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Danyel Mershon, who opened Wildflower Boutique three years ago this weekend, has been plagued by shoplifters at the store. She and other local shop owners are joining together to alert each other when shoplifting occurs. (Photo by Morgan Beard)

Danyel Mershon, who opened Wildflower Boutique three years ago this weekend, has been plagued by shoplifters at the store. She and other local shop owners are joining together to alert each other when shoplifting occurs. (Photo by Morgan Beard)

Local businesses plagued by shoplifting

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On Wildflower Boutique’s opening day  three years ago, owner Danyel Mershon placed an expensive necklace on display. At the end of the June day — which happened to be Street Fair — Mershon realized the necklace was gone. 

The problem continued. Last year Mershon, who sells women’s clothing, counted 18 thefts of bralettes, an undergarment especially popular with young women that had been a dependable source of revenue. But due to the frequent shoplifting, Mershon decided to discontinue carrying the item.

She has instituted other precautionary practices as well, including installing cameras throughout the store, and limiting the number of customers allowed in a fitting room to one.

“It’s been unbelieveable,” Mershon said in a recent interview. “I knew there would be theft, but didn’t expect it so often, or to involve local people.”

Those who steal don’t seem to realize the financial impact of their action on an independent store owner, said Mershon, whose boutique is the culmination of her lifelong dream to open a specialty clothing shop.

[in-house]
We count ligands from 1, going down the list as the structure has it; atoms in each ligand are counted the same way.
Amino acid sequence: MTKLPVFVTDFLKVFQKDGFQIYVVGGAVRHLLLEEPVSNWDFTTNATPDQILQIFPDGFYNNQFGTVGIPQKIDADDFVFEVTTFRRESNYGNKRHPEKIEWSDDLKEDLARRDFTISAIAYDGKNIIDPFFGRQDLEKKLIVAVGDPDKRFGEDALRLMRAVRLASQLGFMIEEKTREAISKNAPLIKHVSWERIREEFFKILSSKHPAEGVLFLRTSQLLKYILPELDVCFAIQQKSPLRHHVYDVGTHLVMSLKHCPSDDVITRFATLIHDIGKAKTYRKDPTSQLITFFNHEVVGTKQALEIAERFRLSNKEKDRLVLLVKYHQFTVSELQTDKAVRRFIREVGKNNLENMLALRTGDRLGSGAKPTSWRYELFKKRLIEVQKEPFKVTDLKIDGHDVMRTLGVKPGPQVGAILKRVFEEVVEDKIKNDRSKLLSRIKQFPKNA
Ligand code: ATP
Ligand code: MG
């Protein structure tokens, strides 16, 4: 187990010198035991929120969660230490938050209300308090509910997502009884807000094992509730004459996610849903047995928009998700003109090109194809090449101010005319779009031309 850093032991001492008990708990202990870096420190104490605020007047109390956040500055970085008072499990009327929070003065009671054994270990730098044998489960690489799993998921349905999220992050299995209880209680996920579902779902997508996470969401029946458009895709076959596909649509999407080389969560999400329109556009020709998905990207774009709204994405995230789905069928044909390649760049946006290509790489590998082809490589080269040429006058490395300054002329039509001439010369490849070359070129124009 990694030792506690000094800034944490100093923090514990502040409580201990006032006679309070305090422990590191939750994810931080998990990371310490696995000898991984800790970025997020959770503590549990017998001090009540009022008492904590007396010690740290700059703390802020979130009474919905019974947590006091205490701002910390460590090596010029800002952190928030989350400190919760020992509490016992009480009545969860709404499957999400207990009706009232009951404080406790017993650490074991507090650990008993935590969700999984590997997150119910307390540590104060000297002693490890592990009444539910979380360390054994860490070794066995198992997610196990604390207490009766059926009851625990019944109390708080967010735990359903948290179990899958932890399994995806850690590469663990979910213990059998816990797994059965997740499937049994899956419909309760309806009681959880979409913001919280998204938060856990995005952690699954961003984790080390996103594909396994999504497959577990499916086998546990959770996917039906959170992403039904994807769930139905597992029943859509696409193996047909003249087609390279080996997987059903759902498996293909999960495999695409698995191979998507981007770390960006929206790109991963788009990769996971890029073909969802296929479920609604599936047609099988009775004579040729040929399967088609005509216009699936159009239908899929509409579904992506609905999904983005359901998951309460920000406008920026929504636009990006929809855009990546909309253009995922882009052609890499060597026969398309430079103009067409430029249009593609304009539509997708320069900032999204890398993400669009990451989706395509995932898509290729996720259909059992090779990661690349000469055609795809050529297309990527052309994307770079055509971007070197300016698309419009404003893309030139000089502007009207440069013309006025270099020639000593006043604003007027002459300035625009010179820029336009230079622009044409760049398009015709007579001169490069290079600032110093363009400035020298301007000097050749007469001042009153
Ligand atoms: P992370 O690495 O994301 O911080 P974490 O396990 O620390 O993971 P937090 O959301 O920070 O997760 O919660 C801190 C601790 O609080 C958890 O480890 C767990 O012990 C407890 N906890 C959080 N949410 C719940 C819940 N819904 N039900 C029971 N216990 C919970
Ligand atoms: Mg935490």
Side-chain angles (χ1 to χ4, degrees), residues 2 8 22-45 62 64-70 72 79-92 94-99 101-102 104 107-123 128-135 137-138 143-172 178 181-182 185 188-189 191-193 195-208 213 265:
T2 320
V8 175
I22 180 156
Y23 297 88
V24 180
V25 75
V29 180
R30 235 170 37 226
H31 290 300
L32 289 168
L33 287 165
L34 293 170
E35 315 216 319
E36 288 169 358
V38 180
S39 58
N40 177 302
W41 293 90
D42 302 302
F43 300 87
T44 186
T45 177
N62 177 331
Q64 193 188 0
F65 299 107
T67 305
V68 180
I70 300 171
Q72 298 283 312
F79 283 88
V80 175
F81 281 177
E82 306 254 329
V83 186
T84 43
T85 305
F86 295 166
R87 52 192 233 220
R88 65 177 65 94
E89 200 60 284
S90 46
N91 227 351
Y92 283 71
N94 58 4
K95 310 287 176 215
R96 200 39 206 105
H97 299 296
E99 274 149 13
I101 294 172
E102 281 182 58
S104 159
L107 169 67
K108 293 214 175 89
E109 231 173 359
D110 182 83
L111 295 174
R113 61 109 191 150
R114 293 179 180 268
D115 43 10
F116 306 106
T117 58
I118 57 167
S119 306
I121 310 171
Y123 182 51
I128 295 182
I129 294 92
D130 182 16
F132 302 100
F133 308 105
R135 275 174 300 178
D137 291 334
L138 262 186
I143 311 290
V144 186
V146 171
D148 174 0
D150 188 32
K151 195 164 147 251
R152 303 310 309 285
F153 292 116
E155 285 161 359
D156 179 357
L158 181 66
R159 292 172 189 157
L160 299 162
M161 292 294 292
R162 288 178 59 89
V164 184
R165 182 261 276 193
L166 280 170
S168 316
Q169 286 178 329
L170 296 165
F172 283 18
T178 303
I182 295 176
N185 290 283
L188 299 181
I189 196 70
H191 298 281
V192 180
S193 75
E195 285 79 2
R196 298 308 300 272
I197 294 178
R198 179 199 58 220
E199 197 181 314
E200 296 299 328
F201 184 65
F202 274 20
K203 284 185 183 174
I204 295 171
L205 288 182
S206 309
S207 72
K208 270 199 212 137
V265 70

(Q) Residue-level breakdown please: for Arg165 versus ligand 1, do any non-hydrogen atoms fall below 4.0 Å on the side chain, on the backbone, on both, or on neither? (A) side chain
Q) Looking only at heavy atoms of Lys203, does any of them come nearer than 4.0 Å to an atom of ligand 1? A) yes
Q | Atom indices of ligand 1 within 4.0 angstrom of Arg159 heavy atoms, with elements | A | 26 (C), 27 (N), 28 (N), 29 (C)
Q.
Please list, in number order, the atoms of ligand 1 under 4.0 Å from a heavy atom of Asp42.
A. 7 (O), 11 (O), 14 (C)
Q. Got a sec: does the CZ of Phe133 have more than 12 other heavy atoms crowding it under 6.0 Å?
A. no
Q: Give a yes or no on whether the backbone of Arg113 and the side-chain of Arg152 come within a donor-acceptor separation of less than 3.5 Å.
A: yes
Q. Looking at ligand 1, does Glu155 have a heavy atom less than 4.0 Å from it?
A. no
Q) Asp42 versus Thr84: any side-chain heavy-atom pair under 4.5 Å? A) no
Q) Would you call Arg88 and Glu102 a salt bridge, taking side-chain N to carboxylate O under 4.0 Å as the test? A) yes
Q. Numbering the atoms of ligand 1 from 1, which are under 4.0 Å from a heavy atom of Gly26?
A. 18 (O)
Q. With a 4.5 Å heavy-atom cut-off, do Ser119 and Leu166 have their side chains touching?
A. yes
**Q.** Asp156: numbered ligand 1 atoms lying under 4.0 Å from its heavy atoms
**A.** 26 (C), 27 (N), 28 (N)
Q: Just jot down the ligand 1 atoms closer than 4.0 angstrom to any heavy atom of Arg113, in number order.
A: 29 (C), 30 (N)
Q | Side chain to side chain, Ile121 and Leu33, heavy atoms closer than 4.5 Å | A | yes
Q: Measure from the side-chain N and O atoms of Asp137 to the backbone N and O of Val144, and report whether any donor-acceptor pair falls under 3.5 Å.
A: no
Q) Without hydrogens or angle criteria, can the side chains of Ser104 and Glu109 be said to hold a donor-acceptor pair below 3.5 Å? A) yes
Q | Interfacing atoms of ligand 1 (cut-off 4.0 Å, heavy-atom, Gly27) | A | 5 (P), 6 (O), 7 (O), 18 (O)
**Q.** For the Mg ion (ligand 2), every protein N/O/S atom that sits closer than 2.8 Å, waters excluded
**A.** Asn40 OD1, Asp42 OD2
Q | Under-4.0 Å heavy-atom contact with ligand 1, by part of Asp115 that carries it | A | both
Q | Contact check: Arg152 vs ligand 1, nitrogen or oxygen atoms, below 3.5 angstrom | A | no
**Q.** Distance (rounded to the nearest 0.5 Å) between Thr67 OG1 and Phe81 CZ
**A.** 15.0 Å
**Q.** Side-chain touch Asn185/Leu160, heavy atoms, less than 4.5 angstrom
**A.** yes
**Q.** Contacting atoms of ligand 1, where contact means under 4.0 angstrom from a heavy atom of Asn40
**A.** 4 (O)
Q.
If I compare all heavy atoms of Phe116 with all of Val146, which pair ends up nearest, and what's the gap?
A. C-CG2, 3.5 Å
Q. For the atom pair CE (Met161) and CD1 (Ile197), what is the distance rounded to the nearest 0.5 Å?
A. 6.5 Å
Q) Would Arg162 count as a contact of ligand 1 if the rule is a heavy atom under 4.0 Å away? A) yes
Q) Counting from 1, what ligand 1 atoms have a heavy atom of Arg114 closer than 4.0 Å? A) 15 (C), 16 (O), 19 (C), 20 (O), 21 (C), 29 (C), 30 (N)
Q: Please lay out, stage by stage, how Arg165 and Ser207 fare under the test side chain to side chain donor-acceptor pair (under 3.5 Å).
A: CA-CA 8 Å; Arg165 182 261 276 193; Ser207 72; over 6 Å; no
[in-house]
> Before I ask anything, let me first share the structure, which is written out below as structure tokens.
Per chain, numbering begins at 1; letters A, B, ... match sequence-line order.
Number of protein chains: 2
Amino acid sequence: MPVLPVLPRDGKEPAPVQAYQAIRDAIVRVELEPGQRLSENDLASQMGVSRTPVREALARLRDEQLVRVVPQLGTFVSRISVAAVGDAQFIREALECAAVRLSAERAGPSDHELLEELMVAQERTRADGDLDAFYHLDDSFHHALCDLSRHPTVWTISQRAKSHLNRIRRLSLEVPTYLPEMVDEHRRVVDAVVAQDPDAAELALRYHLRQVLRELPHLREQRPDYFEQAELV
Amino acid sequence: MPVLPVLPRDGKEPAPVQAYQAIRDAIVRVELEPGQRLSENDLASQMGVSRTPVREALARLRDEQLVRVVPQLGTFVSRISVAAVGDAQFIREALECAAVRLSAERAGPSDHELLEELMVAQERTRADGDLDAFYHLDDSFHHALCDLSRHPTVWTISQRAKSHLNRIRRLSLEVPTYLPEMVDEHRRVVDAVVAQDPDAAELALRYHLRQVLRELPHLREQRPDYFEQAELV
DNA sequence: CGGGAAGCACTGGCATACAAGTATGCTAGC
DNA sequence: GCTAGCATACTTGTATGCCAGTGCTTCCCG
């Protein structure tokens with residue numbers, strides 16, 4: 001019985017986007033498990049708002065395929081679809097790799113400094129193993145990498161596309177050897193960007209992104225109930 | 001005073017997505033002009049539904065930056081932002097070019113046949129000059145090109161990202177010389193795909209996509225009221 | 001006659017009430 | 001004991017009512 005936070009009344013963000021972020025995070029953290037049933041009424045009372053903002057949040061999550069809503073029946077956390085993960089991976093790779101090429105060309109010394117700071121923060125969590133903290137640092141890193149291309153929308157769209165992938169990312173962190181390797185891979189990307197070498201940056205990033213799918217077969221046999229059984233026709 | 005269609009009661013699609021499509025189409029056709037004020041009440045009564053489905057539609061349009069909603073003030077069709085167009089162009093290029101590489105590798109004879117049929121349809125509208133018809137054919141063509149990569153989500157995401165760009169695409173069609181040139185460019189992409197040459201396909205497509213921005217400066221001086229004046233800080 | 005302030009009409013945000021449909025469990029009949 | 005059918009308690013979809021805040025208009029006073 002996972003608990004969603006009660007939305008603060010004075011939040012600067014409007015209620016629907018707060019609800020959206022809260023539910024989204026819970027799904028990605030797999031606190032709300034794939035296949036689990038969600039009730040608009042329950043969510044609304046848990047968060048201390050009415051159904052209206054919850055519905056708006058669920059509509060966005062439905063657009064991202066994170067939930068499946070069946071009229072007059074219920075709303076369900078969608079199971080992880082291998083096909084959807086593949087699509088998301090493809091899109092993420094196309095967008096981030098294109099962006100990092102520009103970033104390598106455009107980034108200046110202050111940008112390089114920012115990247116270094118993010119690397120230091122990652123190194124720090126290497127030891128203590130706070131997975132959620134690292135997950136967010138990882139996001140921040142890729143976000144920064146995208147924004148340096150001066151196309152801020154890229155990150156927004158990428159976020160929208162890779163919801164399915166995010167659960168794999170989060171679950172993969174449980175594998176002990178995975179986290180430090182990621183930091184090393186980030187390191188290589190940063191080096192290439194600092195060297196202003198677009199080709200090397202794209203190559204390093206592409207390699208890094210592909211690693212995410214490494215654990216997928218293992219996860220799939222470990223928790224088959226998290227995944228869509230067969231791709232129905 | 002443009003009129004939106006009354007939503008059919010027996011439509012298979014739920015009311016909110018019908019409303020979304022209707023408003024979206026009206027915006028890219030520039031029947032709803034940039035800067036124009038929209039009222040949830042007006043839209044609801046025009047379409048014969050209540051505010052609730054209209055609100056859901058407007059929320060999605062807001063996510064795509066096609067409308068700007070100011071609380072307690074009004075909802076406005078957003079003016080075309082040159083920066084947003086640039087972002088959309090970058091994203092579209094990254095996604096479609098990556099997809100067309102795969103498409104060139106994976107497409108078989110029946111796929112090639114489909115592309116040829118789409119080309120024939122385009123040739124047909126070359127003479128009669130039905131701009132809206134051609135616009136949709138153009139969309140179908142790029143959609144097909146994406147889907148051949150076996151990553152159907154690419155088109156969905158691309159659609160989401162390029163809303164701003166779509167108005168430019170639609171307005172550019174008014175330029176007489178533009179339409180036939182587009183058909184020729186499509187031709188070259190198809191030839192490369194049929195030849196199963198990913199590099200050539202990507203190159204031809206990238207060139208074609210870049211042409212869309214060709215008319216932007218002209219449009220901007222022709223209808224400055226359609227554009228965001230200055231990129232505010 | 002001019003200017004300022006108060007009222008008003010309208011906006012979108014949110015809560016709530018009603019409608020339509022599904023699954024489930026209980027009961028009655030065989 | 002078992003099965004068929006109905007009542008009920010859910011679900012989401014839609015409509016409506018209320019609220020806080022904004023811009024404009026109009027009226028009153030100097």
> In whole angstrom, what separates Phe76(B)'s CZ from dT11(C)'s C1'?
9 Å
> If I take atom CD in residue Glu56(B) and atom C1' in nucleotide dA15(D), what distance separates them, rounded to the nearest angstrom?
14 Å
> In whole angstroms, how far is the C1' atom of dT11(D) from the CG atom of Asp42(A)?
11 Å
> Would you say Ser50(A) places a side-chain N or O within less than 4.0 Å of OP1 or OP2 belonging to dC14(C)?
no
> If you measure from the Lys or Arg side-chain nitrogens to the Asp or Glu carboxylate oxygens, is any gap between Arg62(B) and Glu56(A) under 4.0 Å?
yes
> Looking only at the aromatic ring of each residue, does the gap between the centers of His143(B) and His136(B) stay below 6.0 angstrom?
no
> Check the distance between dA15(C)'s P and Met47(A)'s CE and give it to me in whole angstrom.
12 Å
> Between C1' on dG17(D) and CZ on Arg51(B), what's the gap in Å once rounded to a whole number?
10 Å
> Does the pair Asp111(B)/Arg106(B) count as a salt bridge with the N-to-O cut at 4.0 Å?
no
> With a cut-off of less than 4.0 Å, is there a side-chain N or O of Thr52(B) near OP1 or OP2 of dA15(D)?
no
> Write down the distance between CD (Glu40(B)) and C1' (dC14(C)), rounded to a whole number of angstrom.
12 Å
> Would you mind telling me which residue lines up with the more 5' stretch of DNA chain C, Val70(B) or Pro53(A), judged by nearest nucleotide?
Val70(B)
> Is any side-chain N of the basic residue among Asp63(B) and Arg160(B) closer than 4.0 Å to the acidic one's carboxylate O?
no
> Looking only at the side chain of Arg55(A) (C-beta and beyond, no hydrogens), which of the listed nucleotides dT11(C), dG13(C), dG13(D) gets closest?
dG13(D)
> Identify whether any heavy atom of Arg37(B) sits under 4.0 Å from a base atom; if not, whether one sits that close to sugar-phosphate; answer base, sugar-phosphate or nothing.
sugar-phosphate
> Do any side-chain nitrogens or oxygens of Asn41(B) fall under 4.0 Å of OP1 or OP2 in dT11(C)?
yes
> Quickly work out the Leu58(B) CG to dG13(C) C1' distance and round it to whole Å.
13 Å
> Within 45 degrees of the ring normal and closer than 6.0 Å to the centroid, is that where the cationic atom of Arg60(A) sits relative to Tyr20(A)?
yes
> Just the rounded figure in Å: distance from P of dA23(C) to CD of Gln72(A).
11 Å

“It’s like taking $50 out of my pocket,” she said.

Kismet, a clothing store across Xenia Avenue from Wildflower, has also struggled with shoplifting, according to employee Kayla Graham.

“It can be anyone, any age,” Graham said. 

The store has an electronic alarm system that goes off when unsold items go out the door, a situation that sparks uncomfortable conversations between shop employees and those who are taking unpurchased items.

“I was just talking to my manager about how awkward it is,” she said.

But the conversations are taking place and will likely increase, because it’s summer,  high season for shoplifters.

“It’s hard, because you want to be trusting,” Graham said. “But shoplifting does happen, especially in summer when it’s crowded.”

 Jamie Sharp opened the Yellow Springs Toy Company in the former location of Mr. Fub’s Party only three months ago. Since she has a digital app that keeps track of inventory electronically, it didn’t take long to realize that shoplifters were also targeting her store.

“I noticed when I was re-ordering things  I should have had a certain number of, I did not have that number,” Sharp said.

Like Mershon, Sharp is a first-time store owner, and the Yellow Springs Toy Company is the result of a considerable amount of hard work, risk and expense. Due to shoplifting, she has had to install a security system that cost $400 upfront, along with a monthly fee.

Both out-of-towners and locals, especially local young people, shoplift, Sharp has discovered. She learned of one incident when a local grandmother, a friend of Sharp’s, came in to report that her granddaughter had been with a local girl who shoplifted from the store. Later, Sharp heard the girl had been shoplifting from other downtown shops as well.

Sharp ended up pressing charges against the girl, who is 11. She felt bad about pressing charges against someone so young, she said, but it felt necessary to impress upon the girl the seriousness of her actions.

“I explained to her that she’s stealing from me,” Sharp said. “They don’t think of the victim. I’ve had to spend money and energy on buying a security system. As a new store owner, it’s disheartening.”

The best strategy for tamping down shoplifting is hiring more employees to monitor the store, according to Sharp. But like most local shop owners, she can’t afford to hire in greater numbers.

“Most of us just work in our shops ourselves, seven days a week,” she said.

Alarmed about her growing awareness of shoplifting in her store, Sharp communicated her distress on her store’s Facebook page. Many other local business people responded with similar concerns and experiences.